If you are interested in participating in the roundtable, please send me a short email here describing your particular area of interest and how it fits into one or more of the aforementioned themes and I will put together a proposal contingent on sufficient interest.
Ohio State University
The organizers would like to invite you to consider submitting an abstract in consideration for the 2019 Warfare, Environment, Social Inequality and Pro-Sociability (WESIPS) Biennial Conference to be held at the Center for Cross-Cultural Study in Seville, Spain (see attached conference flier).
This symposium will take place on May 23-25, 2019.
This interdisciplinary conference seeks papers addressing one or more of the following topics: prehistoric/modern warfare, ritual violence, biodiversity, natural resource utilization, past and present cases of environmental degradation/sustainability, egalitarianism, advent of social complexity, social inequality, conflict resolution, and prosocial behavior.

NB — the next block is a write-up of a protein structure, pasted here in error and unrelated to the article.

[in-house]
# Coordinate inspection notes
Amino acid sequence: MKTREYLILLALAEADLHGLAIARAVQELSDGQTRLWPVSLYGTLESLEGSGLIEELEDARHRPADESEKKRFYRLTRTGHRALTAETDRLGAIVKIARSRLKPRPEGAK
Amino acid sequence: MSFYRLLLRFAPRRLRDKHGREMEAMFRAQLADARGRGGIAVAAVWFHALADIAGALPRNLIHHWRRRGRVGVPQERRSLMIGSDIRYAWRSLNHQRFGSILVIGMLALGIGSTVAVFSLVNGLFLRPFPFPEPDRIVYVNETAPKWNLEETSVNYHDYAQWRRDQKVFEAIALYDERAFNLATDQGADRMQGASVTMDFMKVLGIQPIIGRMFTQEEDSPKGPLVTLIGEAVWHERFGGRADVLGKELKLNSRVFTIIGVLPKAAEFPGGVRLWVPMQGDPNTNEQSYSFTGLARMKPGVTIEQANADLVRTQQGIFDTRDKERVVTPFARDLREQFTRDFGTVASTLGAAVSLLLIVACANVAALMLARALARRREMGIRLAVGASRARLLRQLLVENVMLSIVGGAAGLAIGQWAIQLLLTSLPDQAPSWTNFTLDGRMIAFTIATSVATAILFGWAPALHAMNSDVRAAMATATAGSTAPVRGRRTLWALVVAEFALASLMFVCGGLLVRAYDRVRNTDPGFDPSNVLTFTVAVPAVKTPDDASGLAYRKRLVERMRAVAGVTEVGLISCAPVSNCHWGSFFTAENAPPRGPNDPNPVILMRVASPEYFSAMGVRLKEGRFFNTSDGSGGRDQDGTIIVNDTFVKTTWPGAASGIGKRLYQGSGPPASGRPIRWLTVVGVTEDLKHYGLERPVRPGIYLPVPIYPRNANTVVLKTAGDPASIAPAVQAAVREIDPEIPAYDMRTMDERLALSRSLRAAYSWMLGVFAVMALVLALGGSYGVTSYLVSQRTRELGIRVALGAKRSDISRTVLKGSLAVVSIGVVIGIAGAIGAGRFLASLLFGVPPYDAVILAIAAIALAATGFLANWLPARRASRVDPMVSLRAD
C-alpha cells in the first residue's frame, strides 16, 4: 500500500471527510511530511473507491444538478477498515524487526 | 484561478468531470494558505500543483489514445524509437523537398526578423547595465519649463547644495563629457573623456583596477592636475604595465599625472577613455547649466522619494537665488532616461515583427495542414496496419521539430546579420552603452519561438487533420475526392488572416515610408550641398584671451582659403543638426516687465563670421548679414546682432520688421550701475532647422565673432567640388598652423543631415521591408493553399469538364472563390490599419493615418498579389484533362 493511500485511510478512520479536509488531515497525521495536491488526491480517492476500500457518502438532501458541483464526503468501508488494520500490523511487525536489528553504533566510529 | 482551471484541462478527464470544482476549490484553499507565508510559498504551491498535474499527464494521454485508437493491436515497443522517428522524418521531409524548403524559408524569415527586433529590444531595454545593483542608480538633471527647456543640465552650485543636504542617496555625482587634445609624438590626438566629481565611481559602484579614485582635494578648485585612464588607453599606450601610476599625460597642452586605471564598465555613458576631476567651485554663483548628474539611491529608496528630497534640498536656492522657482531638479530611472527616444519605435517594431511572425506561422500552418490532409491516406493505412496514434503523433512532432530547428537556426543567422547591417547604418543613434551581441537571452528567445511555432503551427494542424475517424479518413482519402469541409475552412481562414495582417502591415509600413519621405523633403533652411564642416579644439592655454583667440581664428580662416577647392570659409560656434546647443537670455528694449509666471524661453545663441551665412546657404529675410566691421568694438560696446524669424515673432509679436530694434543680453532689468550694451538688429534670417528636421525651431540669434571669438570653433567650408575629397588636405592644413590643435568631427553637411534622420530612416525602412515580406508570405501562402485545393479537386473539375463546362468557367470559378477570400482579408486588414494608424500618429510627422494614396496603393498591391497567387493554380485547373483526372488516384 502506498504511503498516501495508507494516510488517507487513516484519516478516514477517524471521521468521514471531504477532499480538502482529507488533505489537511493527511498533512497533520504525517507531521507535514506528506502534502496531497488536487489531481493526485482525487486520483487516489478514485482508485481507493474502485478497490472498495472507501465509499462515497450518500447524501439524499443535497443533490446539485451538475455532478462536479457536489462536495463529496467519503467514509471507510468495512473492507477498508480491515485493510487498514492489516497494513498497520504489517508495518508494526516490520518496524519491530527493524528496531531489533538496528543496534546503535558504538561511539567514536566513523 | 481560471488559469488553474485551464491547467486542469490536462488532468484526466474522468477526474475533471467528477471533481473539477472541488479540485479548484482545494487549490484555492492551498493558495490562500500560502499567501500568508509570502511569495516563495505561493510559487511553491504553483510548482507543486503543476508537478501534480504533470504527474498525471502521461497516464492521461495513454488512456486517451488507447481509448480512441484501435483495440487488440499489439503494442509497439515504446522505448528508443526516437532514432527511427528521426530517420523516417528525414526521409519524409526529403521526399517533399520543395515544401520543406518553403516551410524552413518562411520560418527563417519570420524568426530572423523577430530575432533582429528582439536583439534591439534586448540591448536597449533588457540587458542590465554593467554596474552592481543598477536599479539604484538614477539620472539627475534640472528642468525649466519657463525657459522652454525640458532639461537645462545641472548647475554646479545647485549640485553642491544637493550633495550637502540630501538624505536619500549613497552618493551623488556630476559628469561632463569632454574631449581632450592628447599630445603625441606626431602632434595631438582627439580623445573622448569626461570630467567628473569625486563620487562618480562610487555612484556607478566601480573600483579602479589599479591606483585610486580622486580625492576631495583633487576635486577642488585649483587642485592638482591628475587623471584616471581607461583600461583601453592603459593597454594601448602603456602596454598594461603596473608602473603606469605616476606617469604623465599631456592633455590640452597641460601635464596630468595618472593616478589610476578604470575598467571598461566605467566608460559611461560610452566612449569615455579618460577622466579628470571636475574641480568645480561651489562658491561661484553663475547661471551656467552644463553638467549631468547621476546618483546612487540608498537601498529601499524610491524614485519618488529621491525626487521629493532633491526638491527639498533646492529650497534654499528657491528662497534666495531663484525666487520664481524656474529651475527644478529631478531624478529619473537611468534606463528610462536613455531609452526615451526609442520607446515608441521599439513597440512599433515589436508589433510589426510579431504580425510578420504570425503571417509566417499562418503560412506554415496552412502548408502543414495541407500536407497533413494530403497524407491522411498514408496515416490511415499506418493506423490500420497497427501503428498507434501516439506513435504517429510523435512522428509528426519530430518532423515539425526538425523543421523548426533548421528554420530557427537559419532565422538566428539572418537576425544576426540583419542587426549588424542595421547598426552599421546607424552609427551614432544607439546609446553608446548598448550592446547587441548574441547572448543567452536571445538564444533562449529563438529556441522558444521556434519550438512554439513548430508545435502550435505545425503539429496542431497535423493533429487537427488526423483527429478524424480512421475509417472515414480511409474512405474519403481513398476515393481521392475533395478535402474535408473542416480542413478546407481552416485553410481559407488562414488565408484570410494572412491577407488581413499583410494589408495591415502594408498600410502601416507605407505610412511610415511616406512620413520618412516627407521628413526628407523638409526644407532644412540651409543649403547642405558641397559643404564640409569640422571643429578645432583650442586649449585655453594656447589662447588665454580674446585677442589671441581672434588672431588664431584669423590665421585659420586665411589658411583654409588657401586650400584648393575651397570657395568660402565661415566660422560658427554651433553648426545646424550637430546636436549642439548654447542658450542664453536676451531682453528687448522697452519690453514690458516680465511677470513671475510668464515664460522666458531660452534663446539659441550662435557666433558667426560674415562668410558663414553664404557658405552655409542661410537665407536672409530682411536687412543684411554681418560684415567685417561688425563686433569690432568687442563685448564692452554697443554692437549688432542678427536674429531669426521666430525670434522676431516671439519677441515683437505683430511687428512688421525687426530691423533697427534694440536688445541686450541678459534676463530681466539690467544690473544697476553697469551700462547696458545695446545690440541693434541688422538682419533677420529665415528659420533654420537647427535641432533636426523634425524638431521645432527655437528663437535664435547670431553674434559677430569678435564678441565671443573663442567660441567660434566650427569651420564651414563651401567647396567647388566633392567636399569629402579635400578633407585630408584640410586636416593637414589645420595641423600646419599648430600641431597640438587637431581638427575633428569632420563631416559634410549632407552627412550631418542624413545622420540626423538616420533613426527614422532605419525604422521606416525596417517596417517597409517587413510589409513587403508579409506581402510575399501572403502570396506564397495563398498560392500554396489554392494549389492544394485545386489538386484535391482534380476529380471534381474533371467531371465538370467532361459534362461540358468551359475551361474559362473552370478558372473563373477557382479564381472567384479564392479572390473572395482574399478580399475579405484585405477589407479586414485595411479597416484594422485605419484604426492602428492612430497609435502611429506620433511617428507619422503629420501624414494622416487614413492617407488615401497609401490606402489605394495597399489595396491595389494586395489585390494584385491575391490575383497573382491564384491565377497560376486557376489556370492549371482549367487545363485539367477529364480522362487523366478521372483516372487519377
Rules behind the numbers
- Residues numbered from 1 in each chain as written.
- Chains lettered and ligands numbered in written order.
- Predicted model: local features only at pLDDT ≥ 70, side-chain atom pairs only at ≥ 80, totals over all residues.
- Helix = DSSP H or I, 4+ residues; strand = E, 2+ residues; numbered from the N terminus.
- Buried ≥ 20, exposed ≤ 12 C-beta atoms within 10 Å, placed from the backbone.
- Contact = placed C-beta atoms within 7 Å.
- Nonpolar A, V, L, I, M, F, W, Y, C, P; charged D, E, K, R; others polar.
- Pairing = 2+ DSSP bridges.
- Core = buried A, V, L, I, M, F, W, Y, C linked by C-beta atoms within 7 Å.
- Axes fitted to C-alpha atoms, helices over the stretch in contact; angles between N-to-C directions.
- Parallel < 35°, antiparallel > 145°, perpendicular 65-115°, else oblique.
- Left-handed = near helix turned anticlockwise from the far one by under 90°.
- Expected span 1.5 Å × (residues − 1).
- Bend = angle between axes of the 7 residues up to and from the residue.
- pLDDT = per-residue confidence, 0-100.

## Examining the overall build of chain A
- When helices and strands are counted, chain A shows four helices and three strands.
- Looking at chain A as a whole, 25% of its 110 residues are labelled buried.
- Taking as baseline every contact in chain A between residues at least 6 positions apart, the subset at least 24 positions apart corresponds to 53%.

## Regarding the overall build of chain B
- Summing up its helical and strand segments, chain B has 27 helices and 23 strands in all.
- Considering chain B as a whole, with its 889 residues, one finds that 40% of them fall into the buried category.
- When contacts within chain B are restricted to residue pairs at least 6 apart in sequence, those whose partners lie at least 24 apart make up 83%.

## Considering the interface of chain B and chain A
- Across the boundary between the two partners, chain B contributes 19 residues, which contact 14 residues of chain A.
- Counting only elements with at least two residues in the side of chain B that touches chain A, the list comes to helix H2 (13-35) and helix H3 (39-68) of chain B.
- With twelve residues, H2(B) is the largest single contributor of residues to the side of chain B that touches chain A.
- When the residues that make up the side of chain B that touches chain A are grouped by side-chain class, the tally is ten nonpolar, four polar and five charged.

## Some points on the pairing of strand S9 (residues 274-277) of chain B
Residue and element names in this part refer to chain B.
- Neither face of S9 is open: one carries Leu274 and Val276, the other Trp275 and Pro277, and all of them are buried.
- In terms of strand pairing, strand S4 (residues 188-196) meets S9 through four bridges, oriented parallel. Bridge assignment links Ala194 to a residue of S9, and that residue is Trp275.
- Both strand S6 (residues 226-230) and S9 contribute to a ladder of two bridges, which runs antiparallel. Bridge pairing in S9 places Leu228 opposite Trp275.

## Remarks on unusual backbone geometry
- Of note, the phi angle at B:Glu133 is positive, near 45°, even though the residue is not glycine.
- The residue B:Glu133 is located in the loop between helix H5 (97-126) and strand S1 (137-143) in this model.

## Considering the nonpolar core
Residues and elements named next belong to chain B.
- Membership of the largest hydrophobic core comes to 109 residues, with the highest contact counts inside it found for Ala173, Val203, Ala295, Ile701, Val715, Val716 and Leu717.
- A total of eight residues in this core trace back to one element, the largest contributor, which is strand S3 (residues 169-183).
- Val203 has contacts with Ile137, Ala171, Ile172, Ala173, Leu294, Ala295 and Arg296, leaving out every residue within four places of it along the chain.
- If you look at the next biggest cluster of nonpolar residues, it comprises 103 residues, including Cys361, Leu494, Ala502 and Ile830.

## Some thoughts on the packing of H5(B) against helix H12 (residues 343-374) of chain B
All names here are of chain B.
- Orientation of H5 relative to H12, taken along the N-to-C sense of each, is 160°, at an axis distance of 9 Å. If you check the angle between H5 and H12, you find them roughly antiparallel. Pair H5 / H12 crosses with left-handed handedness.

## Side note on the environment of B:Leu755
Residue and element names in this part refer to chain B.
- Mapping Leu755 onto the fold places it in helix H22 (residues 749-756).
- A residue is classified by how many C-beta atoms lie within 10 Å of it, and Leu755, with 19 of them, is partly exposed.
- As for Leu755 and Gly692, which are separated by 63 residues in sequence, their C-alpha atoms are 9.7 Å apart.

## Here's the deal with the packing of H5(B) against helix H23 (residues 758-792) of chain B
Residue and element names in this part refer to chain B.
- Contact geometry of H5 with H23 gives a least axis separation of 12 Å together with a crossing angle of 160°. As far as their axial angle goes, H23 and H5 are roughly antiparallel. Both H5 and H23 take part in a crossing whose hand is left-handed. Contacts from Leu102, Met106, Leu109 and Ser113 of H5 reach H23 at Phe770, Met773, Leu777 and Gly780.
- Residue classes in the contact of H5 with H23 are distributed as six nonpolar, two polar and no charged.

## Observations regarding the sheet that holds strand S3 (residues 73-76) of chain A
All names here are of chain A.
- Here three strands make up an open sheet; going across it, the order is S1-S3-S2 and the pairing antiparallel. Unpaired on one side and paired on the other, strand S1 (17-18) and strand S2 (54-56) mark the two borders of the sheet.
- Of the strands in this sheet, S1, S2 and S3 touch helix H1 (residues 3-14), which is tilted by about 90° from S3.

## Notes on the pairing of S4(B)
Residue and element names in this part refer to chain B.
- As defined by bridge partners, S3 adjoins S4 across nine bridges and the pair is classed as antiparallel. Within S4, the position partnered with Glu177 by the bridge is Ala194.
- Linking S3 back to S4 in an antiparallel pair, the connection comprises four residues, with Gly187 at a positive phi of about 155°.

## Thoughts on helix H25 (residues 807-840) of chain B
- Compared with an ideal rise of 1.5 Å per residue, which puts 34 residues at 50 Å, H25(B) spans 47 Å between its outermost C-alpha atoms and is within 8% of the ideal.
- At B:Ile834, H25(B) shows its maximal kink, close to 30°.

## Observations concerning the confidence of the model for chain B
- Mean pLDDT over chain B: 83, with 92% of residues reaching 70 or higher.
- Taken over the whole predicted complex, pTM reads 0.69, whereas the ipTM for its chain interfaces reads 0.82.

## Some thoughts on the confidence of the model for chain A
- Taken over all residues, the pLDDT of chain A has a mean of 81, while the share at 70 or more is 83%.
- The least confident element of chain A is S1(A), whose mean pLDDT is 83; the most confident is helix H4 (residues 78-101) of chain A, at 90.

Please note that the deadline for submitting an abstract is October 1, 2018.
To submit an abstract or for more information go to:
Please note that ALL submitted abstracts will be sent out for anonymous review. Therefore, an invitation to submit an abstract should not be considered as a guarantee of acceptance.
Additionally, participants are expected to make their own travel and lodging arrangements.
If you have any questions please do not hesitate to contact me.
Looking forward to your participation.
Richard J. Chacon
Co-organizer of WESIPS 2019
Landscapes of War and Peace
April 5-8, 2018
More info here.
March 14-18, 2018
Please join us for the Environment and Military breakfast on Thursday morning.
More info here.
St. Charles, Missouri
May 20-23, 2018
SUBMISSIONS DUE FEB 1
From the Rivers to the Oceans:
Inland Maritime History and the Nexus of Fresh and Salt Water